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J Microbiol Immunol Infect. 2004 Dec;37(6):366-70.

Clinical characteristics of childhood erythema multiforme, Stevens-Johnson syndrome and toxic epidermal necrolysis in Taiwanese children.

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  • 1Department of Pediatrics, National Taiwan University Hospital, Taipei, Taiwan, ROC.

Abstract

Erythema multiforme (EM), Stevens-Johnson syndrome (SJS) and toxic epidermal necrolysis (TEN) are mucocutaneous diseases associated with significant morbidity and mortality. This study compared childhood EM, SJS and TEN in terms of clinical courses, laboratory data, etiologies and outcomes in Taiwan. The initial laboratory findings, clinical presentations, etiologies and subsequent clinical courses of 30 patients with a diagnosis of EM, SJS or TEN, who were admitted between 1995 and 2003 at National Taiwan University Hospital were included and analyzed. There were 19 cases of EM, 8 cases of SJS, 2 cases of SJS/TEN and 1 case of TEN. The most common etiology in EM was infection (84.2%), and the most common implicated organism was Mycoplasma pneumoniae (42.1%). In contrast, 75% of SJS and 100% of TEN were induced by drugs. The most common offending drug was carbamazepine. Those patients with underlying diseases had more protracted courses and longer hospitalization stays. No mortalities were found in our cases. Early short-term steroid equivalent to 1-2 mg/kg/day of prednisolone for 3-5 days was used in 87.5% of SJS patients, without any significant side effects. Those with poor responsiveness to steroids and protracted courses were treated with additional intravenous immunoglobulin (IVIG) [1 g/kg/day], with satisfactory results. Early ophthalmic consultations were performed in all cases. No ocular complications were found in our cases. In conclusion, EM, SJS and TEN were associated with significant morbidity. Early ophthalmic consultations and withdrawal of the offending medication was necessary. Early short-term use of steroids in SJS showed promising results without significant side effects. The additional IVIG in those who had a poor response to steroid treatment may be helpful.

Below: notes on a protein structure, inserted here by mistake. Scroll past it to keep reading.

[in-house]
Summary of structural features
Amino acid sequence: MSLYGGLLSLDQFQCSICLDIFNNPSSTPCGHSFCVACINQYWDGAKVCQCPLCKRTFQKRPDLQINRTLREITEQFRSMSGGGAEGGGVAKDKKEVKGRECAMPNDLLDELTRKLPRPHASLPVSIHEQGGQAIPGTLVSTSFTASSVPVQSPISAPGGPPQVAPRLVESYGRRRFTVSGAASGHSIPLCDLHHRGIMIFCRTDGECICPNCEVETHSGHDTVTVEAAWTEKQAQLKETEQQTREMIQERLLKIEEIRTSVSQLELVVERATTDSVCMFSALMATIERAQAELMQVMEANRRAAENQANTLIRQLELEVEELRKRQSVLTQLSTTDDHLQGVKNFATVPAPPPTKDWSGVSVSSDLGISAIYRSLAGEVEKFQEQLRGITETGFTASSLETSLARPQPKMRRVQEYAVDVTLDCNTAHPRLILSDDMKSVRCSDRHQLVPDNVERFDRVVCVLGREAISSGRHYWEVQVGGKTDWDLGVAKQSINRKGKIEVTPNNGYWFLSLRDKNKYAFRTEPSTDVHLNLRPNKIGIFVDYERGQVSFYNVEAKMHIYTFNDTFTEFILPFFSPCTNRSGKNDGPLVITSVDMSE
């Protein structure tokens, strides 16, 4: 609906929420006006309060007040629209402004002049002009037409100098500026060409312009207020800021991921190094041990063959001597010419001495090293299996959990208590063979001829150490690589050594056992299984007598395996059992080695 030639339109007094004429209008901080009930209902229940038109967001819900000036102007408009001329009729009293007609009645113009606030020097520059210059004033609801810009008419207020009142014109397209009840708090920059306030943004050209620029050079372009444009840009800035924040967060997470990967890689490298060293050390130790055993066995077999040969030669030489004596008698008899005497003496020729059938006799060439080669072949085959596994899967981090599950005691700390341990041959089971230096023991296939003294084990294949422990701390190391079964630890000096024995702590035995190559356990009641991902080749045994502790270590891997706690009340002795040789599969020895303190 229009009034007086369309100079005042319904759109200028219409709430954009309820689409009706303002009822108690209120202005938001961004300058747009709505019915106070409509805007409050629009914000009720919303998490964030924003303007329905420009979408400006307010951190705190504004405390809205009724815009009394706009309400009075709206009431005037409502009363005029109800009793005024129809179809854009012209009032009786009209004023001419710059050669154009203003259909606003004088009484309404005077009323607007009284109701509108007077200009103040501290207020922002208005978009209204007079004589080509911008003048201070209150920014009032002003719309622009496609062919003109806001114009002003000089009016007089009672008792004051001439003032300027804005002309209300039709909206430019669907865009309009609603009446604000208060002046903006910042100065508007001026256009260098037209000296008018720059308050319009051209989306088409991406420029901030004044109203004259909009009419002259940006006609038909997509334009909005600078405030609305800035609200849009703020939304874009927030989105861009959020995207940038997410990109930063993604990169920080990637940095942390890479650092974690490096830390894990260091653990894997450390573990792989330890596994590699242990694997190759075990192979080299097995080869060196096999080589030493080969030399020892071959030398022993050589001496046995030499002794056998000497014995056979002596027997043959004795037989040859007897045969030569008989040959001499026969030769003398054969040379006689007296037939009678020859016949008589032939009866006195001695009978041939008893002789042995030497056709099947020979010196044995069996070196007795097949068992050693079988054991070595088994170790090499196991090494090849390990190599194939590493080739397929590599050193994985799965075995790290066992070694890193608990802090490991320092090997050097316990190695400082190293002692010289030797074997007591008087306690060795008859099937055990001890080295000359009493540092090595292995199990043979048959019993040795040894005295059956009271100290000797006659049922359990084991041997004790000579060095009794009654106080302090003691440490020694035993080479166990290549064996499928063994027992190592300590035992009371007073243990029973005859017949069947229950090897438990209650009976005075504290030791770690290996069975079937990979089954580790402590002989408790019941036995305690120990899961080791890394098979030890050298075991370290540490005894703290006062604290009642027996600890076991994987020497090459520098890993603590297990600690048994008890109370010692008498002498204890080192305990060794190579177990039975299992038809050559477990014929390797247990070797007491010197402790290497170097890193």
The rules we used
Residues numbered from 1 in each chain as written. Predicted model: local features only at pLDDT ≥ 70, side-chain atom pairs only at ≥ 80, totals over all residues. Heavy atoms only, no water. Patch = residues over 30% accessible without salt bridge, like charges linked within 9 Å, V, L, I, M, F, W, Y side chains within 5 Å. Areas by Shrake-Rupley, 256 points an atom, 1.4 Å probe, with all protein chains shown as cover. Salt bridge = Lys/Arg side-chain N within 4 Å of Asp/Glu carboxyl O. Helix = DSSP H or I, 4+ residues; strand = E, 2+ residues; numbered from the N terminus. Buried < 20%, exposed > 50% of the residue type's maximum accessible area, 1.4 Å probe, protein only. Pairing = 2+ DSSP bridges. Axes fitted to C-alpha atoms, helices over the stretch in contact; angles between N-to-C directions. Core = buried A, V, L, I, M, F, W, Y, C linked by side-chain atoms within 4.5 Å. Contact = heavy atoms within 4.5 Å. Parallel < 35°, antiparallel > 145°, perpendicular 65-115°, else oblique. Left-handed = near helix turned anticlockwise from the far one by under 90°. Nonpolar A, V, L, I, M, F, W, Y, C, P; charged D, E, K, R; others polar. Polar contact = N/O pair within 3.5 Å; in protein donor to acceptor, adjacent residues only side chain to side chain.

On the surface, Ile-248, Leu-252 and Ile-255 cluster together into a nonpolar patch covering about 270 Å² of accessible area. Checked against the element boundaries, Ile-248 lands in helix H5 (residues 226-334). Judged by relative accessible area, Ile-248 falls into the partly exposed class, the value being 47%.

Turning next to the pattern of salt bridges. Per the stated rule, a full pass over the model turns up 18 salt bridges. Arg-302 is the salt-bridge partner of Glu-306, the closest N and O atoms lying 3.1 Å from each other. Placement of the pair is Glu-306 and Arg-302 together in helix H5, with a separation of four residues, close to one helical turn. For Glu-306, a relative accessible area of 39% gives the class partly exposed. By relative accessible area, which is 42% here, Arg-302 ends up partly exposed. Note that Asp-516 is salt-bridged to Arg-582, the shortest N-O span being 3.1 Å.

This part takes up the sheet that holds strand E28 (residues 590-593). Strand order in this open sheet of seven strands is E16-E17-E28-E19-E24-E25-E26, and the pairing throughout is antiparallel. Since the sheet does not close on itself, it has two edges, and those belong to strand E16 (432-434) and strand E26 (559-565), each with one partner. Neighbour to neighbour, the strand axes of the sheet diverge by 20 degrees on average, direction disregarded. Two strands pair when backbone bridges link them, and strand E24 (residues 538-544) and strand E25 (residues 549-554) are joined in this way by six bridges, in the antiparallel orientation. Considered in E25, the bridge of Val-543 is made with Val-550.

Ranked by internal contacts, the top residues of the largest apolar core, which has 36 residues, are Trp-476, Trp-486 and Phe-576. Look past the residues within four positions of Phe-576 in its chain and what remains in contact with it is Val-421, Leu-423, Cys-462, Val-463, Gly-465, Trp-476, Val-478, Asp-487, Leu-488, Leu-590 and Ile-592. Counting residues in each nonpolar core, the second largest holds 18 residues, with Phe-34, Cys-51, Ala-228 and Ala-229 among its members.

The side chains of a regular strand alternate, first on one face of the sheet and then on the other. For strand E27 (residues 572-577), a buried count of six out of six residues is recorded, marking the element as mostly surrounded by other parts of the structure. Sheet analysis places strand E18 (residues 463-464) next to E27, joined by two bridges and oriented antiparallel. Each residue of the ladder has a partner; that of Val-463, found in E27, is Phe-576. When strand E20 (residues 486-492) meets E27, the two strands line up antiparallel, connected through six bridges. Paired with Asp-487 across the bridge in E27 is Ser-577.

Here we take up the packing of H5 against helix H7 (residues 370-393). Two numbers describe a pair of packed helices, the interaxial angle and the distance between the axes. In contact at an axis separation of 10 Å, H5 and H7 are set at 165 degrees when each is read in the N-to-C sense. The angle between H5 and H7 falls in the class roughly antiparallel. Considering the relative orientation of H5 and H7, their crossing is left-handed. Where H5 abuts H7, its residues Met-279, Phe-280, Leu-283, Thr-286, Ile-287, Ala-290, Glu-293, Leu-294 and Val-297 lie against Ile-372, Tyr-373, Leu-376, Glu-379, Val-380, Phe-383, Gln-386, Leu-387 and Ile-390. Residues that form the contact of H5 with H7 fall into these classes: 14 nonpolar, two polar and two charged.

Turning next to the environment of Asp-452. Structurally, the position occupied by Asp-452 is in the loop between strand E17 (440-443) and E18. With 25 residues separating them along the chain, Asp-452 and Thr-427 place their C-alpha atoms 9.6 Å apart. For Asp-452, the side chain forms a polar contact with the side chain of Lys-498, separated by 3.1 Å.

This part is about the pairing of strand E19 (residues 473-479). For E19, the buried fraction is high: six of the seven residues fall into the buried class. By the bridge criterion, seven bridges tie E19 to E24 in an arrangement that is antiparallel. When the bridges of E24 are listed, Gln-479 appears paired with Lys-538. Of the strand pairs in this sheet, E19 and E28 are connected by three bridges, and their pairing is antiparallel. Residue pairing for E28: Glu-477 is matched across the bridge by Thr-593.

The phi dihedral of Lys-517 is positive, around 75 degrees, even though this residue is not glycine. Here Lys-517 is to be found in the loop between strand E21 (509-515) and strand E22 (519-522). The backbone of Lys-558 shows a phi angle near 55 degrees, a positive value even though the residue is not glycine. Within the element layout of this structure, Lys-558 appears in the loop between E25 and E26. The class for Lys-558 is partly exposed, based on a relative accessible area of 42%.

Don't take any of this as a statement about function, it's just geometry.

PMID:
15599469
[PubMed - indexed for MEDLINE]
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